This year has been the most challenging since ANU was established nearly 75 years ago. Through circumstances largely beyond our control, our University has been forced to change dramatically. Our community has had to draw on its resilience, as we have all been impacted by the events of this year. Many of us have farewelled valued colleagues who have taken voluntary redundancies.
With the arrival of COVID-19 our lives have abruptly changed. Homes have become offices and virtual classrooms. Friends, family and pets have transformed into office and classmates. Some of us had to make the difficult choice to leave Canberra entirely, rushing back to distant homes and families ahead of border closures. Many of us have not yet been able to return.
Everyone has made sacrifices. Staff voted, generously, to defer their pay rise due in July, donated money to support others in the community, and took on additional responsibilities. Throughout all of this we demonstrated the best qualities of our community - resilience, compassion, and commitment.
We are not yet through the disruption - but the time is right to focus on the future. We must be sustainable in the long-term, but we must also be the national university that Australia needs - and we will not be if our strategy is solely reliant on cutting costs. We must invest in our people, our community, our campus, our digital infrastructure and our ideas. We must grow our revenue and prioritise activities. Our overall strategy, goals and values are sound. Our recovery must build on them.
This year has demonstrated the essential role of Australia's national university. ANU staff and alumni have been at the heart of Australia's medical, community and public policy responses to the pandemic, something in which we should all take pride. Those colleagues take their place in a story that began when ANU was founded to build a better Australia in the aftermath of World War II. We have another daunting opportunity in front of us today.
The ANU that emerges from this recovery will be defined by our collective contribution. We need to make sure that the decisions we make to see us through this difficult period do not place a disproportionate burden on any particular part of our community. They must be fair and equitable.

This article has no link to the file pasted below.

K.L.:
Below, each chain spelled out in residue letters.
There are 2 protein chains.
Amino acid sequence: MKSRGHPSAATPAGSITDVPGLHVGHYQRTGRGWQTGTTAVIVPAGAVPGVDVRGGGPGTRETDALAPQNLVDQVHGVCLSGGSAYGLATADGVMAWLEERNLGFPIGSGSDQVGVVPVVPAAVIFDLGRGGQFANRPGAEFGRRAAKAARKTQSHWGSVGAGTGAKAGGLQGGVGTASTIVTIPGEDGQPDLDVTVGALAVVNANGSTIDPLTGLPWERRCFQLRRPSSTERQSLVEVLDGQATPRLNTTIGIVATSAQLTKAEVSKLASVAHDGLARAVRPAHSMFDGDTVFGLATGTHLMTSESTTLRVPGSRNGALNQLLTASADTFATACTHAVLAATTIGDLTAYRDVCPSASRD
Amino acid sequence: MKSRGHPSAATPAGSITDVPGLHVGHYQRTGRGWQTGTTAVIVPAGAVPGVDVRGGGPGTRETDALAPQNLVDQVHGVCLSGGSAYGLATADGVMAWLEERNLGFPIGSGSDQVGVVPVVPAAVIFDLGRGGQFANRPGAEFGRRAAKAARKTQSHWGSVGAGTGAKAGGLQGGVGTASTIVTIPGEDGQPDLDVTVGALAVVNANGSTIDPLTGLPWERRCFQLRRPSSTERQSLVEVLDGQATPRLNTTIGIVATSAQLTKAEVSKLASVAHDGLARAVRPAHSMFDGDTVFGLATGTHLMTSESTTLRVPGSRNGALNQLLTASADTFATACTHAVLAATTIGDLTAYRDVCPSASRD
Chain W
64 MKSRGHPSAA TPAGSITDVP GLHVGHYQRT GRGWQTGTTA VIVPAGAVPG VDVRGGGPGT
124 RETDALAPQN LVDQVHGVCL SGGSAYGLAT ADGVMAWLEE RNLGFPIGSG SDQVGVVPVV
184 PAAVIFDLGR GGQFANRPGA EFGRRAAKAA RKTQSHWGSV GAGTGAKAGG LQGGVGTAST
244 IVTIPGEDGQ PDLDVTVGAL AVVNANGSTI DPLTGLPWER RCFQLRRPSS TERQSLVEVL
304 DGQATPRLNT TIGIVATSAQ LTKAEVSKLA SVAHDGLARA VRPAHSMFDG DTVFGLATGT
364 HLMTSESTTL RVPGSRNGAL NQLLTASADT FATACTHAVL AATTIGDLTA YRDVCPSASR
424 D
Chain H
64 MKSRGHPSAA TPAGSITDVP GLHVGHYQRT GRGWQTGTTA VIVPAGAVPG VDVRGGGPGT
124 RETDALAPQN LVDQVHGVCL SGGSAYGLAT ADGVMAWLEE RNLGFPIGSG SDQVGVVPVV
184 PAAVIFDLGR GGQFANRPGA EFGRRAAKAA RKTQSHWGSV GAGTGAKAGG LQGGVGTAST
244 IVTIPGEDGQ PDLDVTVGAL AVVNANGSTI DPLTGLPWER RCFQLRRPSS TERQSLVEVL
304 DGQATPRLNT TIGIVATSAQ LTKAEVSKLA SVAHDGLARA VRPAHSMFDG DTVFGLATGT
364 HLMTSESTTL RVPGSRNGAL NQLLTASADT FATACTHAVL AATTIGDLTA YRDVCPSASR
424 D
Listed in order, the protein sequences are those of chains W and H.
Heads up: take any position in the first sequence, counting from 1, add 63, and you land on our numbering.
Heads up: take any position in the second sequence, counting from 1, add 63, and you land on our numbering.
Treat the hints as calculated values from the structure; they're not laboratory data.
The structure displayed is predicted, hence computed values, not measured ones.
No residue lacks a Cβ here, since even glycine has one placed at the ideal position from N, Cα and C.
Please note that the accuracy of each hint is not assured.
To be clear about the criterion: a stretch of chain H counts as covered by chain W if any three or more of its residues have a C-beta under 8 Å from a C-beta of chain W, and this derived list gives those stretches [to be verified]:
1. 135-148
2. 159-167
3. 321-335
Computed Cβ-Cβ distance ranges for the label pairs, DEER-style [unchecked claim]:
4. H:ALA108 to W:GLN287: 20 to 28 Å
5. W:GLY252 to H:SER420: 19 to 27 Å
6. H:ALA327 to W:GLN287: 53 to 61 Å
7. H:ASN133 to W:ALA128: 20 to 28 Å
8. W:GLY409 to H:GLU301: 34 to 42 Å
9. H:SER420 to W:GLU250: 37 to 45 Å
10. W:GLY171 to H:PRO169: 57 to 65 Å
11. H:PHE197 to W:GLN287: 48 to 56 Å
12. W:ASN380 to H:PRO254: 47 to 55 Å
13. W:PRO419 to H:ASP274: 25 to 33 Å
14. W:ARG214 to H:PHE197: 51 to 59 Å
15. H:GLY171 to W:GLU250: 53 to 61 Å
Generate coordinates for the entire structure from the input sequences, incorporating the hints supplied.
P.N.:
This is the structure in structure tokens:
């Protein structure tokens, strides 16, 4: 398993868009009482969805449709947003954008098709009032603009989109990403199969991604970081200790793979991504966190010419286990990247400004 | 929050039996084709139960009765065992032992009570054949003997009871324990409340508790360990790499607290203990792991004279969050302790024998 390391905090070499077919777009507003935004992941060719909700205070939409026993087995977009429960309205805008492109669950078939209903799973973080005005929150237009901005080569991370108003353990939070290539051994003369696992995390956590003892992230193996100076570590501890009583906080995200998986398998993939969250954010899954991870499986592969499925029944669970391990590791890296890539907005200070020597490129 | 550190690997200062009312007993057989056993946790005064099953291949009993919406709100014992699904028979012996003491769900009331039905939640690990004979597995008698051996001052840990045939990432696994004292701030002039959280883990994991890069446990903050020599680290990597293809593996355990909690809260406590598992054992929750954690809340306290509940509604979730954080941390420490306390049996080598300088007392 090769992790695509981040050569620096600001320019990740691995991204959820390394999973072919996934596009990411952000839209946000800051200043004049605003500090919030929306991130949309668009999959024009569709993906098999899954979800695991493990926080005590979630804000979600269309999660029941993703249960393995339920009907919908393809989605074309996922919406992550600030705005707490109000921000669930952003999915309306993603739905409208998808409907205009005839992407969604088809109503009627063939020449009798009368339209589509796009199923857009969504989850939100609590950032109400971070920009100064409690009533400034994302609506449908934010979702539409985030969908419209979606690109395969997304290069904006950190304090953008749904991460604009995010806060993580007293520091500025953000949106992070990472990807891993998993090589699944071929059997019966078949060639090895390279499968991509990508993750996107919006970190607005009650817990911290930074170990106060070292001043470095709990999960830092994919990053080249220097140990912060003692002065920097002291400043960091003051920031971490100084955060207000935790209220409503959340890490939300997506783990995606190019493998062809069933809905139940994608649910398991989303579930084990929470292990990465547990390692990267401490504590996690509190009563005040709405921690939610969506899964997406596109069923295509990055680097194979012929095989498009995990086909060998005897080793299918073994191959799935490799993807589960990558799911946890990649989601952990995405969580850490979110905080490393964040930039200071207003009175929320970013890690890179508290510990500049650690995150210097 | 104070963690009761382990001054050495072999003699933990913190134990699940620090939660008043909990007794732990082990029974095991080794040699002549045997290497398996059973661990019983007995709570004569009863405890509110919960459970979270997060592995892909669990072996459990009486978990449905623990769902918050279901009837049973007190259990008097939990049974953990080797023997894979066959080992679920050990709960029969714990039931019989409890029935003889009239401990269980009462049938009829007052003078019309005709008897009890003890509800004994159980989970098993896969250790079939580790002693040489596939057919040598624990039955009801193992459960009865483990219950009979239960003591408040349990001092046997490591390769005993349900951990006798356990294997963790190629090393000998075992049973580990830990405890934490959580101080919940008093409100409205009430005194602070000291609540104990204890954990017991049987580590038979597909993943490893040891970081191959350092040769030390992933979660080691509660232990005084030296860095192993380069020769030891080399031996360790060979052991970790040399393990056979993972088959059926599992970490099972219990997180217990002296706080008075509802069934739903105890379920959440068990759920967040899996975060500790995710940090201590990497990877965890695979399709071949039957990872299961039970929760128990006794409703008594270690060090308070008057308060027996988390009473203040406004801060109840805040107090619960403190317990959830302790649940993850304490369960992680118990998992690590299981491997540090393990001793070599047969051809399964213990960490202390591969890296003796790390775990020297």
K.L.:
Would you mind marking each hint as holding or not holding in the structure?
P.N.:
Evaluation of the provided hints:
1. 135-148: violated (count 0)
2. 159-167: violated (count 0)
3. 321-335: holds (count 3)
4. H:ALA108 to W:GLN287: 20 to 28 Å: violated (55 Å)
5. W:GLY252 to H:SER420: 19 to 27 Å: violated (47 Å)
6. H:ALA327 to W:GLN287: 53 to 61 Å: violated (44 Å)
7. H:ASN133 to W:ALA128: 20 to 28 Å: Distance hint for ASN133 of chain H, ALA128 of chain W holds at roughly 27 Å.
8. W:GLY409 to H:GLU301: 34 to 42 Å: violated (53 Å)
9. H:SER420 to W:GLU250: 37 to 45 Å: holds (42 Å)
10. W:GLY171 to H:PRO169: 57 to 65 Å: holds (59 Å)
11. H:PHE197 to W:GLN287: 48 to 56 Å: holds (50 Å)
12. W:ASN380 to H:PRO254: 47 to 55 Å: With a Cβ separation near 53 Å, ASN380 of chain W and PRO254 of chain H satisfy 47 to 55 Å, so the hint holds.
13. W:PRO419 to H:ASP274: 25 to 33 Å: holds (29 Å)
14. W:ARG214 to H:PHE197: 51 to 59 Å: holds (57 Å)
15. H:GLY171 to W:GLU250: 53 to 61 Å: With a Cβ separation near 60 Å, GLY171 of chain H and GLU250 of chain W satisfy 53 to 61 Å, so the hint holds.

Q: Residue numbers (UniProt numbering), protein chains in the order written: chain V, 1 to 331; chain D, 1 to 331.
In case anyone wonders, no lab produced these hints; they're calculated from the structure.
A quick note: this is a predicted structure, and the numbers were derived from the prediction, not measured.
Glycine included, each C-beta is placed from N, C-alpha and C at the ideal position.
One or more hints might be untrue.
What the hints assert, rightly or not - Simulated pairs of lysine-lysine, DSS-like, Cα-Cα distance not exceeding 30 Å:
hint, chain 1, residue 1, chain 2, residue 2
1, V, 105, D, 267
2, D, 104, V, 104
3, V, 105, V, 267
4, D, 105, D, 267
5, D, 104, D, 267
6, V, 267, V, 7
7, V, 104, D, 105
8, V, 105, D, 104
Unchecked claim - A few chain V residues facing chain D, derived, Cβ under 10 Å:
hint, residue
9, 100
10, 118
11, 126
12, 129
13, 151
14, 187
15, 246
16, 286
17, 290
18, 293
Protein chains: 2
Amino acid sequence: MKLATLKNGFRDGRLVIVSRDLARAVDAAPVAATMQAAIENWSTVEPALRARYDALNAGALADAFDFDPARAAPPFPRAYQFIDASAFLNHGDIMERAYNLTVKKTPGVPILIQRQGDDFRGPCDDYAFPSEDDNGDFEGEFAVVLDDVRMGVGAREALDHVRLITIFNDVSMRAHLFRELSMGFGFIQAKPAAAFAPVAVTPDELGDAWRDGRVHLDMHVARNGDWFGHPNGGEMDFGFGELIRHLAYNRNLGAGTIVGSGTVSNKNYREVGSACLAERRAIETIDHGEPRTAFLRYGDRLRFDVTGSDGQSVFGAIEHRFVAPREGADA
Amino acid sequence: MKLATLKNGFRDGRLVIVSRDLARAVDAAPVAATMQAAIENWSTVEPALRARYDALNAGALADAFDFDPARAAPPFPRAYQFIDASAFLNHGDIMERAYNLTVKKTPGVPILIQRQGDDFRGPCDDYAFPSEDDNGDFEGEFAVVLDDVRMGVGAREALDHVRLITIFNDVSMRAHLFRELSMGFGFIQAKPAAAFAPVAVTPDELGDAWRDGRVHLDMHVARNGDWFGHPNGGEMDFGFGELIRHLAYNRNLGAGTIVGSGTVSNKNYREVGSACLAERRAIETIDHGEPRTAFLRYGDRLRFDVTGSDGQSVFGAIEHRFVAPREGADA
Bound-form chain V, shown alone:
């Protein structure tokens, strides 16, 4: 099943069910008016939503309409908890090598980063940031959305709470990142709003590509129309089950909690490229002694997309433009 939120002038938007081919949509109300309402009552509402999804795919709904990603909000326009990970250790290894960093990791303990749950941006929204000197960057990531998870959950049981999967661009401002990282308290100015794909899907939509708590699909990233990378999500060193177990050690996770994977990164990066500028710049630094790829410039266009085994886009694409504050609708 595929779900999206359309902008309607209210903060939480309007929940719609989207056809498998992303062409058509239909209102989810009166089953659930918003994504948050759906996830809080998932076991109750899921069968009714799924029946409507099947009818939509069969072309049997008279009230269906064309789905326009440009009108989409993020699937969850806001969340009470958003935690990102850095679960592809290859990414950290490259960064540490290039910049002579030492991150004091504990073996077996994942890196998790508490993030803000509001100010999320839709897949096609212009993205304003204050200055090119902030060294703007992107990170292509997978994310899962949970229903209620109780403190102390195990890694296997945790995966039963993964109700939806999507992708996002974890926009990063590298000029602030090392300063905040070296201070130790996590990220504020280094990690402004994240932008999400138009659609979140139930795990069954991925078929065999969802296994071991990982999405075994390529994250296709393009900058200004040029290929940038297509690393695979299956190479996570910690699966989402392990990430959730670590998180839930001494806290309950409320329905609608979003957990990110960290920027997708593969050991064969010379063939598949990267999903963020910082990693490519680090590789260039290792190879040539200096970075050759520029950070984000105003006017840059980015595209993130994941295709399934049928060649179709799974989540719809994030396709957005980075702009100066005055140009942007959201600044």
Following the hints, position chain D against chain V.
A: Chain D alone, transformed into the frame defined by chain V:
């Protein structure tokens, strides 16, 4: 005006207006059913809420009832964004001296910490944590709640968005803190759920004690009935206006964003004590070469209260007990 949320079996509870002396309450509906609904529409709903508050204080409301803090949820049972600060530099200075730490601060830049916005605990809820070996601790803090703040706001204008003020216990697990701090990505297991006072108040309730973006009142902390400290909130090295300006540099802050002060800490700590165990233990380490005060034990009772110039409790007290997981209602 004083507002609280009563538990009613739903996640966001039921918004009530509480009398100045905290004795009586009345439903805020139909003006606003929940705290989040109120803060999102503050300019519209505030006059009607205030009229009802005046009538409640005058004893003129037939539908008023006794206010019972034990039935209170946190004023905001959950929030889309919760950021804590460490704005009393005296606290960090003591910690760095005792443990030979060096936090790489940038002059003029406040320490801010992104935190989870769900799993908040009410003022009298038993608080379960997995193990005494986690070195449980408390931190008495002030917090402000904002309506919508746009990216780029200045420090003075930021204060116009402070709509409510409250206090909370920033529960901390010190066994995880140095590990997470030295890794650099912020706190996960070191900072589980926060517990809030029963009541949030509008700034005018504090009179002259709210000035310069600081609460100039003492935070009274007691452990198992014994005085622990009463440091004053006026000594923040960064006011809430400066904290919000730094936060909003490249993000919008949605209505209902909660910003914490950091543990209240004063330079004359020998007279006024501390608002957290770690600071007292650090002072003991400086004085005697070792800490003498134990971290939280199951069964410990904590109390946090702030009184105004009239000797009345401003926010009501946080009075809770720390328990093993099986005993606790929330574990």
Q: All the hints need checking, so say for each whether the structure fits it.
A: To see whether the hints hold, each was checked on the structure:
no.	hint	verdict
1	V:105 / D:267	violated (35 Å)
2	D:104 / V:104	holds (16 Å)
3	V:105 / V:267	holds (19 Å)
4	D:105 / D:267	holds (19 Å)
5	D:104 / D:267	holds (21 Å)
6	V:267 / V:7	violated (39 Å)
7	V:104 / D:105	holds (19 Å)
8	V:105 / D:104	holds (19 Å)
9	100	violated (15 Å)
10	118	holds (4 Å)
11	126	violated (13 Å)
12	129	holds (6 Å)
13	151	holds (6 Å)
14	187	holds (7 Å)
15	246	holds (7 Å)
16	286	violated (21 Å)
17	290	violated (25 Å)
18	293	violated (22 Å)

It will require all of us, staff or student, academic or professional, to continue to strive for excellence in all that we do, and to support one another with, I hope, pride in being a part of this exceptional community.
To that end, I want to encourage everyone to continue to make contributions, big and small. Nobody knows better than you how this University works, day to day, on the ground. The feedback that we have received and the initiatives in this document are a testament to that. However, these will be much more successful alongside numerous, incremental, everyday improvements. So, if you have an idea, no matter how small, share it. If you aren't sure who to tell, tell me.
If this plan is successful it will chart a course to a University that is financially sustainable, delivering on its responsibilities to Australia, ambitious and world leading. A University that is more resilient to what a changing world might demand. A University that is ready to celebrate its 75th anniversary next August and looking ahead confidently to its centenary. A University, most importantly, that will remain a great place to work and study.
Before we get there, we will have some more pain to endure. But there is also vital work to be done, and a nation that needs its national university. Let's maintain those traits that have helped us through the hardest of years: kindness and collaboration, resilience and care. I am committed to working with you through the difficult months ahead and I look forward to the exciting future this University certainly has in store.
Professor Brian P. Schmidt AC
Vice-Chancellor and President
Australian National University
*From the ANU Recovery Plan, published 13 October 2020.